R (o.t.a Badger Trust) v. Defra, Ouseley J, 12 July 2012, read judgment, and on appeal, CA, 11 September 2012, not yet available online.
It is impossible to drive through the narrow and high-hedged lanes of Herefordshire without coming across the sad and inevitable outcome of car meeting badger. One estimate is that we may lose as many as 50,000 badgers a year this way. But this case is about whether we should kill a lot more badgers – deliberately.
For many years there has been a debate about whether, and if so, to what extent, badgers cause the spread of tuberculosis in cattle, and, if it does, what should we do about it. Recently, a decision was made by the Department for Environment, Food and Rural Affairs to cull some of them. And this challenge is to the lawfulness of that decision.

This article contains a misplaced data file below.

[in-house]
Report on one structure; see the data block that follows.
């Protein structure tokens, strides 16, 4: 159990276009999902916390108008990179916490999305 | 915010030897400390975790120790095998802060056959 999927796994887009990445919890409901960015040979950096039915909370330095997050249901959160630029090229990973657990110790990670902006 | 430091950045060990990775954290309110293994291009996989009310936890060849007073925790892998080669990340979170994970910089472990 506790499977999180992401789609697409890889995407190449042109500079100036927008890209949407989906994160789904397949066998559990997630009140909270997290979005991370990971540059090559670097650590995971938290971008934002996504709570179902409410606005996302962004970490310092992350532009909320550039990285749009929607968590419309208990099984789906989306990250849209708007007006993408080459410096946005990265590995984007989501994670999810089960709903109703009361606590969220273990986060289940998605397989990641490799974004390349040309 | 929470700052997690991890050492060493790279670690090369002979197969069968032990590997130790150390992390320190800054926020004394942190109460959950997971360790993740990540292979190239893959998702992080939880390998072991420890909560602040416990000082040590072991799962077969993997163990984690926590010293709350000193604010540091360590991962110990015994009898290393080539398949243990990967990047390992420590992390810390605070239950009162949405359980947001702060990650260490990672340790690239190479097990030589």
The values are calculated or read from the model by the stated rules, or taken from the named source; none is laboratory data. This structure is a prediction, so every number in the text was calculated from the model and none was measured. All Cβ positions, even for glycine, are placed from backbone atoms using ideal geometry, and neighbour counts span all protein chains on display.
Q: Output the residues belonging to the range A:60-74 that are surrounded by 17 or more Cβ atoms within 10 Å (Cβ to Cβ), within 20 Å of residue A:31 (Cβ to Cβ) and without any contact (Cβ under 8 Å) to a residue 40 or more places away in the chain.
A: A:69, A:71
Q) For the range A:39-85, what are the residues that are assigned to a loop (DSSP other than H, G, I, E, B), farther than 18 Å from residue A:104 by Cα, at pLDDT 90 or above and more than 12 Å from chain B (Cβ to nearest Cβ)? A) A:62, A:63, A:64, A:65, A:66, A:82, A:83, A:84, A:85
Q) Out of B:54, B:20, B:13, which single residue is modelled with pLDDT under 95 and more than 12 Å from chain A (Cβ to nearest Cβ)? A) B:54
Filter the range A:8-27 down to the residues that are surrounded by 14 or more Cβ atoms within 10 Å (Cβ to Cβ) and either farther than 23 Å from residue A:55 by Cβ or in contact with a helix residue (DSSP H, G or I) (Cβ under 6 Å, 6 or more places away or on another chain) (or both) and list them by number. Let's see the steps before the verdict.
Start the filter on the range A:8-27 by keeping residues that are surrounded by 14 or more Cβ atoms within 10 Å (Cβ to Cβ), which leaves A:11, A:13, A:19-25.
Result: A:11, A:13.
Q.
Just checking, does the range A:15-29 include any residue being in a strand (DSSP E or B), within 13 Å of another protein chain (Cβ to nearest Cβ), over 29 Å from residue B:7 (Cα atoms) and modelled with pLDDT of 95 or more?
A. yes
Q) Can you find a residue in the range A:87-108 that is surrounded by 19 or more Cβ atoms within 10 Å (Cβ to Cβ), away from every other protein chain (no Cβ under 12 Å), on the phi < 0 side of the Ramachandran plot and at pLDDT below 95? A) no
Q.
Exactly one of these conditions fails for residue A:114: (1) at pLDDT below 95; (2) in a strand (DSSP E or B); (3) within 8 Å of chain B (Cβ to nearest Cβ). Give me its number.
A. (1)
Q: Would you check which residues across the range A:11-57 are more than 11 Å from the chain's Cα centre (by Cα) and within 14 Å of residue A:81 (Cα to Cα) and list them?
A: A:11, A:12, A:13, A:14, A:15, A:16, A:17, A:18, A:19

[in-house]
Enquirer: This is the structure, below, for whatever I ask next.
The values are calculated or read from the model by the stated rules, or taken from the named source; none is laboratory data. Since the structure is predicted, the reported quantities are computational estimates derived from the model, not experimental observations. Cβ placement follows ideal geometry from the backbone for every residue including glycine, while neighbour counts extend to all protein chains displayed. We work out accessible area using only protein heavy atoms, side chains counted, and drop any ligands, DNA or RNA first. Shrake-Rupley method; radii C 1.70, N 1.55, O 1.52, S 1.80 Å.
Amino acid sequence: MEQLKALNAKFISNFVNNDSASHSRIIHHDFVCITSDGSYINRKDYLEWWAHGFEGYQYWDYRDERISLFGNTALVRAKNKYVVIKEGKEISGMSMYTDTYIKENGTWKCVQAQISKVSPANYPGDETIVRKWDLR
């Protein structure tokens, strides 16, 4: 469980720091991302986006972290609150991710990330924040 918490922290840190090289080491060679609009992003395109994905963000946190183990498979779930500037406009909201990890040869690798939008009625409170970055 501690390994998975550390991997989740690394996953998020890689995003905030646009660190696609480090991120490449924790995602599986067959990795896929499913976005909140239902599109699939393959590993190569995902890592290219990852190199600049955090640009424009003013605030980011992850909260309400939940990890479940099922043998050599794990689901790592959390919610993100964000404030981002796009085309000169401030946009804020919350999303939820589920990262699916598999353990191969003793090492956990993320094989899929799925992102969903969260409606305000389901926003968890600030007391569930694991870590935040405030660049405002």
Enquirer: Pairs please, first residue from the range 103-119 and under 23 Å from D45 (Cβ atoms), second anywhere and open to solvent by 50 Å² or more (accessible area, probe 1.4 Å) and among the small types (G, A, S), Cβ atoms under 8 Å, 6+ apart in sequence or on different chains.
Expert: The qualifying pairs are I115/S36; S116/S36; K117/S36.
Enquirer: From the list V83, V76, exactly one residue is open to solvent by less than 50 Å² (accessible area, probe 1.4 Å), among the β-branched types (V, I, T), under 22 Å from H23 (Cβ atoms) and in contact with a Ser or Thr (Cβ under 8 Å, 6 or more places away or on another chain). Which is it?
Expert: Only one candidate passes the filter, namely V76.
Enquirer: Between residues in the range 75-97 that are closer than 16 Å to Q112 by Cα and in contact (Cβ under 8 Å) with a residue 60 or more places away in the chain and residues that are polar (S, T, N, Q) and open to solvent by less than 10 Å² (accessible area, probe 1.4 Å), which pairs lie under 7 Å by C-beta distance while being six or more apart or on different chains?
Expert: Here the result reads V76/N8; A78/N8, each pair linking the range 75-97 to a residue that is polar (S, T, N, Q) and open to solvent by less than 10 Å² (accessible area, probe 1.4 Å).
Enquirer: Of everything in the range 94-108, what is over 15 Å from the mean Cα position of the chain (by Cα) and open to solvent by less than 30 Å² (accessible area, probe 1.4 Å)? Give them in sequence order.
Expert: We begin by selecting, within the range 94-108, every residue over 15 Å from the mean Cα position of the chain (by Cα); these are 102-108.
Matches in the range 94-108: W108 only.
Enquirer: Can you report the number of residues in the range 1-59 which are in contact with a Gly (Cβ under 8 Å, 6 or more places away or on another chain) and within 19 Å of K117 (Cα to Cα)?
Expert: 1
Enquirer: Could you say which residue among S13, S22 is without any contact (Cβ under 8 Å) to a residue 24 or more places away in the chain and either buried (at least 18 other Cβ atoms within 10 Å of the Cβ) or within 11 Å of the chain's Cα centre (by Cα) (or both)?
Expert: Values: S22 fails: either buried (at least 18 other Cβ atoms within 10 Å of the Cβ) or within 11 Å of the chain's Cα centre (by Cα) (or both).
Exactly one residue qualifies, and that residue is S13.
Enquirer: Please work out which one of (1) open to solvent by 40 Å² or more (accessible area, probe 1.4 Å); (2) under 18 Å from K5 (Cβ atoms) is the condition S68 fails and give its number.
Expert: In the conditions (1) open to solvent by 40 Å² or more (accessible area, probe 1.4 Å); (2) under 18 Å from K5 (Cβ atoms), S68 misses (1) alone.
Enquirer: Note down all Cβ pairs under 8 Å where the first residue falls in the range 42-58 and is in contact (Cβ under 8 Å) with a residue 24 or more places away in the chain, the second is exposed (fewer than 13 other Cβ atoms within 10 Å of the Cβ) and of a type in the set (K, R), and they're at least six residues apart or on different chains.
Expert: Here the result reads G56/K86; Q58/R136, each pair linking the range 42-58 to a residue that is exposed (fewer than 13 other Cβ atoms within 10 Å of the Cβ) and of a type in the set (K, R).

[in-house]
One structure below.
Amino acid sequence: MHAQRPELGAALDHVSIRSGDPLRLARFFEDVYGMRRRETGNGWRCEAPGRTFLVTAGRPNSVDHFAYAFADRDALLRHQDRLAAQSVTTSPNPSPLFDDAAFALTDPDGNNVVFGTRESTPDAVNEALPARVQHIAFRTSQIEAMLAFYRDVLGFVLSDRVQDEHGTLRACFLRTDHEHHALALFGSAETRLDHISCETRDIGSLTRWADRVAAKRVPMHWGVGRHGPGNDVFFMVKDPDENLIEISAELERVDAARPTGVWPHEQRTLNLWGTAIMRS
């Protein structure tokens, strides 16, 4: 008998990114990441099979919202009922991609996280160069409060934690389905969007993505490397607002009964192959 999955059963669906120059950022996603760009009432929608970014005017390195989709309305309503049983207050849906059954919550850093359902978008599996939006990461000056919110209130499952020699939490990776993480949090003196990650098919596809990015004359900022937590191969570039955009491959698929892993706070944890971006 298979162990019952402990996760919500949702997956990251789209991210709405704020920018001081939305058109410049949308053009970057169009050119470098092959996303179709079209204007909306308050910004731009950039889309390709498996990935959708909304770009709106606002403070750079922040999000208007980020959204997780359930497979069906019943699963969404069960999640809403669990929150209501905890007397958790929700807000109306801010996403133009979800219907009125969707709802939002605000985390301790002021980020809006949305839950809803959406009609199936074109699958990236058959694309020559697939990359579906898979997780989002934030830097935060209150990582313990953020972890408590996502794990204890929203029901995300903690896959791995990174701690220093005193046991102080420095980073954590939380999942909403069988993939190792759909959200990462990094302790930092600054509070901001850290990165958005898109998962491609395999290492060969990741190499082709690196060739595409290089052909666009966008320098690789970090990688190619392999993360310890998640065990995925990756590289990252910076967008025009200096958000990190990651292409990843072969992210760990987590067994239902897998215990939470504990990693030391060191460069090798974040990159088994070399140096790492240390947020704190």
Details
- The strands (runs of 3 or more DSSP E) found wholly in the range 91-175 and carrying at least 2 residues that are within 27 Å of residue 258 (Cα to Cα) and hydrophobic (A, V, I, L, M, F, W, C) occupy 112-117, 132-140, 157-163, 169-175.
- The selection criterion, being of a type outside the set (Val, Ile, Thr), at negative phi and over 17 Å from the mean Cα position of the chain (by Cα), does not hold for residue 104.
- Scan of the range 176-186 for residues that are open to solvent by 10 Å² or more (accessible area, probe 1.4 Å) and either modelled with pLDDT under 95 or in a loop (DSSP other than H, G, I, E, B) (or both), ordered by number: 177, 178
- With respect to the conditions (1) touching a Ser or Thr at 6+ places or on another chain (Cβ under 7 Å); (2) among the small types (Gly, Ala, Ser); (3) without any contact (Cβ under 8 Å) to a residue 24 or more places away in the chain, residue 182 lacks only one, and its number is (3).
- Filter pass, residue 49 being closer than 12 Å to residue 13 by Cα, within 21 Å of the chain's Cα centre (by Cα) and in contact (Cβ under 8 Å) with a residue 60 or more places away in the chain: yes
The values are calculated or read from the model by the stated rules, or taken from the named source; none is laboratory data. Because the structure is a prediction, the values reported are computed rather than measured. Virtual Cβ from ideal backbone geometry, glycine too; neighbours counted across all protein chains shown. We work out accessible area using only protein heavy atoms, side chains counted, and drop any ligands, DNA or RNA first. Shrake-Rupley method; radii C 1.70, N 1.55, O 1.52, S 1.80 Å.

At which point we immediately run up against a bit of an institutional accident. Defra, is, when you scratch it, the old Ministry of Agriculture, Fisheries and Food spliced together with bits of the old Department of Environment. And, a bit like the sad nocturnal collision of badger and vehicle, badgers tend to come off worse when farming interests encounter nature, particularly where, as in this context, the science appears equivocal. That sounds rather contentious, but is not meant to. Let me explain why.